Turn on the radio or the television today and you'll often hear various pundits insulting feminism; couching it as "radical" or suggesting it serves only to oppress the male gender.
These ideas (in one form or another) have unfortunately filtered down to some in the broader population, confusing the idea of what it means to be "feminist." Indeed, even some people, who today enjoy many of things feminists of the past struggled to achieve for society, are ready to decry feminism as "dead," suggesting that men and women are already equal in today's world.
"The idea that somehow we're past needing feminism or that we are all on an equal playing field is wrong," said Kathy Plate, an anthropology graduate student who often works with the Campus Women's Alliance. "People should be willing to educate themselves about the inequalities that exist in our society so that they can be aware of inequality, and how they can use actions in their daily lives to stop the continuation of oppression."
Indeed, as we take time Tuesday for International Women's Day to consider the situation, even a quick look at issues faced by women around the world can easily demonstrate that more needs to be done and that feminism is still an important factor.
As the United Nations said in a recent press release, "Women have gained ground in the struggle for equality with men over the past 10 years, but serious challenges remain." At the opening session of the meeting for the Commission on the Status of Women, representatives from various countries discussed many of the problems that are still strongly affecting women around the globe, and how such issues are perpetuated both by discriminatory systems as well as serve to create more discrimination.
"Gender inequality is deeply entrenched in policies, legislation, attitudes, tradition and societal institutions," said Noeleen Heyzer, the executive director of the United Nation's Development Fund for Women, in a UN press release. "The challenges facing us, therefore, are formidable."
At the conference, issues such as domestic and societal violence against women, illegal trafficking of women and young girls, lack of education for females, barriers to political and economic empowerment, workplace discrimination, and HIV/AIDS were all presented as serious issues that severely impact women of the world today.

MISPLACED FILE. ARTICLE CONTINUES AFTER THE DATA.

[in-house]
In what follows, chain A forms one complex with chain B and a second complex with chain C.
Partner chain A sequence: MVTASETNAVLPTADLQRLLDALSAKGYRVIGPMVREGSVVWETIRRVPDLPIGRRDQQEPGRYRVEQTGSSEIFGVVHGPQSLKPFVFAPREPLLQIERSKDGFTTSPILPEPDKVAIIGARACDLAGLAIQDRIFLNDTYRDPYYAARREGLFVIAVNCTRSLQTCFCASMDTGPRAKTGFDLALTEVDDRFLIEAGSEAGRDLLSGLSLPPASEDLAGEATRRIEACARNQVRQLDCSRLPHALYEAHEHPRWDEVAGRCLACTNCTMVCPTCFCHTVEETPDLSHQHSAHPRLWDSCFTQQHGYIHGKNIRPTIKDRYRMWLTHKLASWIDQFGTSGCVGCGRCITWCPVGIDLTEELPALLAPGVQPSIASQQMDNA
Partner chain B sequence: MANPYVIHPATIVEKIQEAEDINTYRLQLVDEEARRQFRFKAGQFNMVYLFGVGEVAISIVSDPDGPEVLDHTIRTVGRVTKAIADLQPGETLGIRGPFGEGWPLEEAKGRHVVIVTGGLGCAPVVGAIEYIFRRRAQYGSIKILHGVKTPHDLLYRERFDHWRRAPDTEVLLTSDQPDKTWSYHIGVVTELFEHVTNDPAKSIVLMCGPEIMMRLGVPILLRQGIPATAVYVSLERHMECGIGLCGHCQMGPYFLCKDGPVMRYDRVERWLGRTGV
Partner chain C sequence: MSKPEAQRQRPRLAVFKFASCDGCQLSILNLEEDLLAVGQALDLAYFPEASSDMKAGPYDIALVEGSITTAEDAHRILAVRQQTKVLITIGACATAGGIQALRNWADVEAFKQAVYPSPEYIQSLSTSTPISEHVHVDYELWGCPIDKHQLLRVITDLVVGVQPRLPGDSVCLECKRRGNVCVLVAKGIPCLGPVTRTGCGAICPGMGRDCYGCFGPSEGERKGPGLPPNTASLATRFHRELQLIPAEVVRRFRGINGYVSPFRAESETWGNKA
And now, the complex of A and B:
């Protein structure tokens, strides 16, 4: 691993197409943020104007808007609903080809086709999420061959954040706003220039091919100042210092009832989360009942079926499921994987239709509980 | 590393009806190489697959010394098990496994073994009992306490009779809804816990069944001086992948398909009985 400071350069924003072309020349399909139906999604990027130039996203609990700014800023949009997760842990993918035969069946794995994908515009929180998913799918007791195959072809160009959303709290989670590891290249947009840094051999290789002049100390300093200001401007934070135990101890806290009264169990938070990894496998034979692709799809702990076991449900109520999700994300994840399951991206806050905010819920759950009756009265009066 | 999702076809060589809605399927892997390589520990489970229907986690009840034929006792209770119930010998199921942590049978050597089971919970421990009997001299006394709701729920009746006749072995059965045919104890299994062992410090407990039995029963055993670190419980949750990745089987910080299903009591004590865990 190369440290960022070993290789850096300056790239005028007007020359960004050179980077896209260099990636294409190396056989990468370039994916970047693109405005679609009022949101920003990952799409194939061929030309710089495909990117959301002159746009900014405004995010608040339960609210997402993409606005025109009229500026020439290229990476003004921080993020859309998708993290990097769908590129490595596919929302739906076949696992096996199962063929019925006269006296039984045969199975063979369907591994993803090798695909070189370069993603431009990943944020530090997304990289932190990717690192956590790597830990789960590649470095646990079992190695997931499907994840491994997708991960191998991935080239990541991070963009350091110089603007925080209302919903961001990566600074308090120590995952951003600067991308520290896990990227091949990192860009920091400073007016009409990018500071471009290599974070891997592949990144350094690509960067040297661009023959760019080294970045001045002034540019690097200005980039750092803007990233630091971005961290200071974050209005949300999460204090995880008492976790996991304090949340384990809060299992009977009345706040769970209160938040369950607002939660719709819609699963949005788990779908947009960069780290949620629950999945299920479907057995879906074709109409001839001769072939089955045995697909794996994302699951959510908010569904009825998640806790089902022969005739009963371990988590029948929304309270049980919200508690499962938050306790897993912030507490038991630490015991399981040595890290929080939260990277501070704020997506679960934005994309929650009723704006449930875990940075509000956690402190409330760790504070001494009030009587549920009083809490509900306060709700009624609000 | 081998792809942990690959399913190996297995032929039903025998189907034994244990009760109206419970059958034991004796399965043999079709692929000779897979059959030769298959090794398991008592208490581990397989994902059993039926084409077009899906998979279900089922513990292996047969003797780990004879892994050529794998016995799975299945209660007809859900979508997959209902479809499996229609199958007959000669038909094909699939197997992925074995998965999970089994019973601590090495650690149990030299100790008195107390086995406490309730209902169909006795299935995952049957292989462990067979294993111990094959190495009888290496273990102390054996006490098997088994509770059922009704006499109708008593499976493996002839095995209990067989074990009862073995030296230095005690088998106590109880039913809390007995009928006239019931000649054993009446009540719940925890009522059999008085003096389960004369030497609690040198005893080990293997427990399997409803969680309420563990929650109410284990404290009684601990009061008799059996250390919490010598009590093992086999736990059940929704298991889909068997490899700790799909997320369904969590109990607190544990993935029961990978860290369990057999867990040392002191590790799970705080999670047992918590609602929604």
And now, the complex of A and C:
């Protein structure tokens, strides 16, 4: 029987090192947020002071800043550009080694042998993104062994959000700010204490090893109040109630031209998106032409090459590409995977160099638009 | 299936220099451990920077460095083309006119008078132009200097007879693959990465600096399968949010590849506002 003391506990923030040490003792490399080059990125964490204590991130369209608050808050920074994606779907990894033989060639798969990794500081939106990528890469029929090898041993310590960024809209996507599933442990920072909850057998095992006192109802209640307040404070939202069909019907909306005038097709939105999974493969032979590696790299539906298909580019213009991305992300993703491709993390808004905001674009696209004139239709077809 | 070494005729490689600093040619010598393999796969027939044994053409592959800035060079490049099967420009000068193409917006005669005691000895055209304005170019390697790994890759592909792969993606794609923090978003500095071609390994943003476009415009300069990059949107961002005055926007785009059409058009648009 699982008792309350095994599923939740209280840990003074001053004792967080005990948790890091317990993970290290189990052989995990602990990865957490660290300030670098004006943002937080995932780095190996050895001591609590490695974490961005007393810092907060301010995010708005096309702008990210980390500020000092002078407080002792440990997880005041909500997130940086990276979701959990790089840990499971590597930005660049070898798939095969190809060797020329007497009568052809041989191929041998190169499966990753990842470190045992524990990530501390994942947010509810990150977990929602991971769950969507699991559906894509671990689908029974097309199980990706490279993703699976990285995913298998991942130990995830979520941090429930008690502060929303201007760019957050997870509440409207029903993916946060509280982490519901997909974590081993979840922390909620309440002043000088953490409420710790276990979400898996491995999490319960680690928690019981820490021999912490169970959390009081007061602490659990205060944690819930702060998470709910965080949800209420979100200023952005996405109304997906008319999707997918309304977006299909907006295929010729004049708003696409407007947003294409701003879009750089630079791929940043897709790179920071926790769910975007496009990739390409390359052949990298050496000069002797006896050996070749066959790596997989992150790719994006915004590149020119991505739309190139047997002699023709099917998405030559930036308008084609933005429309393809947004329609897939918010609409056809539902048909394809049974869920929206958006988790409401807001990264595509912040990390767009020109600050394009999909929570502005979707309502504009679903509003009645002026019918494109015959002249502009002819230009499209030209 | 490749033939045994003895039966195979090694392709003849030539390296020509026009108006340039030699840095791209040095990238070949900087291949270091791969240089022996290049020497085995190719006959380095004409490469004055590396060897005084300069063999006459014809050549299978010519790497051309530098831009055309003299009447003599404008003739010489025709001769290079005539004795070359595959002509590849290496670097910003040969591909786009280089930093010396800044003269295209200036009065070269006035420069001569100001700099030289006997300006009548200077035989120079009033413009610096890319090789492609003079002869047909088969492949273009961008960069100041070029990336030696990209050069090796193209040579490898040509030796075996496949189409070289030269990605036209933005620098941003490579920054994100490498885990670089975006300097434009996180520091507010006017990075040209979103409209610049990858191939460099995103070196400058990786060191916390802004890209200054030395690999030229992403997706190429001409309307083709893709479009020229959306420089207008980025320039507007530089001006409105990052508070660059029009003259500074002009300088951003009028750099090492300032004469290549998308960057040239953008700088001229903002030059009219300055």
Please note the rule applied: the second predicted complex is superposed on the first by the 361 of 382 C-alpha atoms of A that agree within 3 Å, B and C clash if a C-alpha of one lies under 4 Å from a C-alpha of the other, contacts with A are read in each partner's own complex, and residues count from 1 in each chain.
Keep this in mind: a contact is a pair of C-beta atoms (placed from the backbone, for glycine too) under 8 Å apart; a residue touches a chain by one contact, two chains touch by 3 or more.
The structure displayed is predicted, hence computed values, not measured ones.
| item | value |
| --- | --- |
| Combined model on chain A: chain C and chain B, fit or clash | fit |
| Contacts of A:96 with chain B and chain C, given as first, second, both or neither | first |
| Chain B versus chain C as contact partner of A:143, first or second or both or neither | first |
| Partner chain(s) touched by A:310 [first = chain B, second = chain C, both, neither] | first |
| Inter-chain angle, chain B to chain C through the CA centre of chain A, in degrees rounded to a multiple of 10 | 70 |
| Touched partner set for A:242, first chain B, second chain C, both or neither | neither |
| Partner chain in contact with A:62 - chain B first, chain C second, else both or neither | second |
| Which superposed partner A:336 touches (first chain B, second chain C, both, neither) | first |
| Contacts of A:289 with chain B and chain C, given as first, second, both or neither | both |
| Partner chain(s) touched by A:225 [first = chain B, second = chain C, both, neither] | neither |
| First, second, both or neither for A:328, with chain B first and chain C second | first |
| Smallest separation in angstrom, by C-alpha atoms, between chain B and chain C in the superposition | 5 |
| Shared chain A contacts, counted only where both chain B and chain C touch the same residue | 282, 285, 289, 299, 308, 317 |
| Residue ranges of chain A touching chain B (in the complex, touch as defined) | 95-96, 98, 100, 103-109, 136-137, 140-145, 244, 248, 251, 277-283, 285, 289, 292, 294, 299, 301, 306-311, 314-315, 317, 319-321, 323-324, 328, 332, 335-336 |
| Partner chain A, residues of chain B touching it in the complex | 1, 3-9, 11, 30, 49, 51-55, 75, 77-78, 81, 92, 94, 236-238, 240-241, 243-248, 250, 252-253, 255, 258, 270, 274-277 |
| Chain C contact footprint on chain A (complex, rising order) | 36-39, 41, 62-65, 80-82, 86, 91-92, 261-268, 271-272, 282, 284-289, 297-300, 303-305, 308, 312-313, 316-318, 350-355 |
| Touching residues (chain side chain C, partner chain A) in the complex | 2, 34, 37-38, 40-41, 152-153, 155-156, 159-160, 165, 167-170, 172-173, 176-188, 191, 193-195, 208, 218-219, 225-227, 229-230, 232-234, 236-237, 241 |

Violence against women, Secretary-General Kofi Annan once commented, is one of the most persistent human rights violations to occur globally, and one that is long from eliminated.
In a report on violence against women, Amnesty International found that "In the United States a woman is raped every 6 minutes; a woman is battered every 15 seconds. In North Africa, 6,000 women are genitally mutilated each day. This year, more than 15,000 women will be sold into sexual slavery in China. Two hundred women in Bangladesh will be horribly disfigured when their spurned husbands or suitors burn them with acid. More than 7,000 women in India will be murdered by their families and in-laws in disputes over dowries."
Such violent acts against women are often ignored, since such violence is "rooted in a global culture of discrimination, which denies women equal rights with men and which legitimizes the appropriation of women's bodies for individual gratification or political ends," the Amnesty report "Broken Bodies, Shattered Minds" continues. As Glenda Simms of the Bureau of Women's Affairs of Jamaica noted at the United Nation's conference, such violence needs to be addressed at the root cause: Identifying and attempting to proactively address these root causes is what feminism is all about.
Just a quick look at one issue facing women globally is that feminism should not be seen as something that is past us or a fringe idea. "Being a feminist is not a radical idea, but it is about more than simply thinking that women and men should be equal," Plate stresses. Being proactive and taking steps to end discrimination and systemic inequality are essential.
This being said, such ideas of equality and an end to global problems are something that everyone should address. As Plate said, the idea that men can be involved in feminism is often seen as radical, "which it should not be," she stresses. As a well-known writer bell hooks suggests: "Simply put feminism is a movement to end sexism. I liked this definition because it did not imply that men were the enemy."
As we celebrate International Women's Day, we should all take a moment to remember that inequality has not ended in our world, and for that reason, feminism is still important for everyone. Feminism is something for everyone committed to seeing an end to discrimination against, violence to and oppression of women around the world. Taking up this mantle, we can, as bell hooks suggests, "share the simple yet powerful message that feminism is a movement to end sexist oppression. Let's start there. Let the movement begin again."
Meg Burd is a graduate anthropology student. Her column runs every Friday in the Collegian.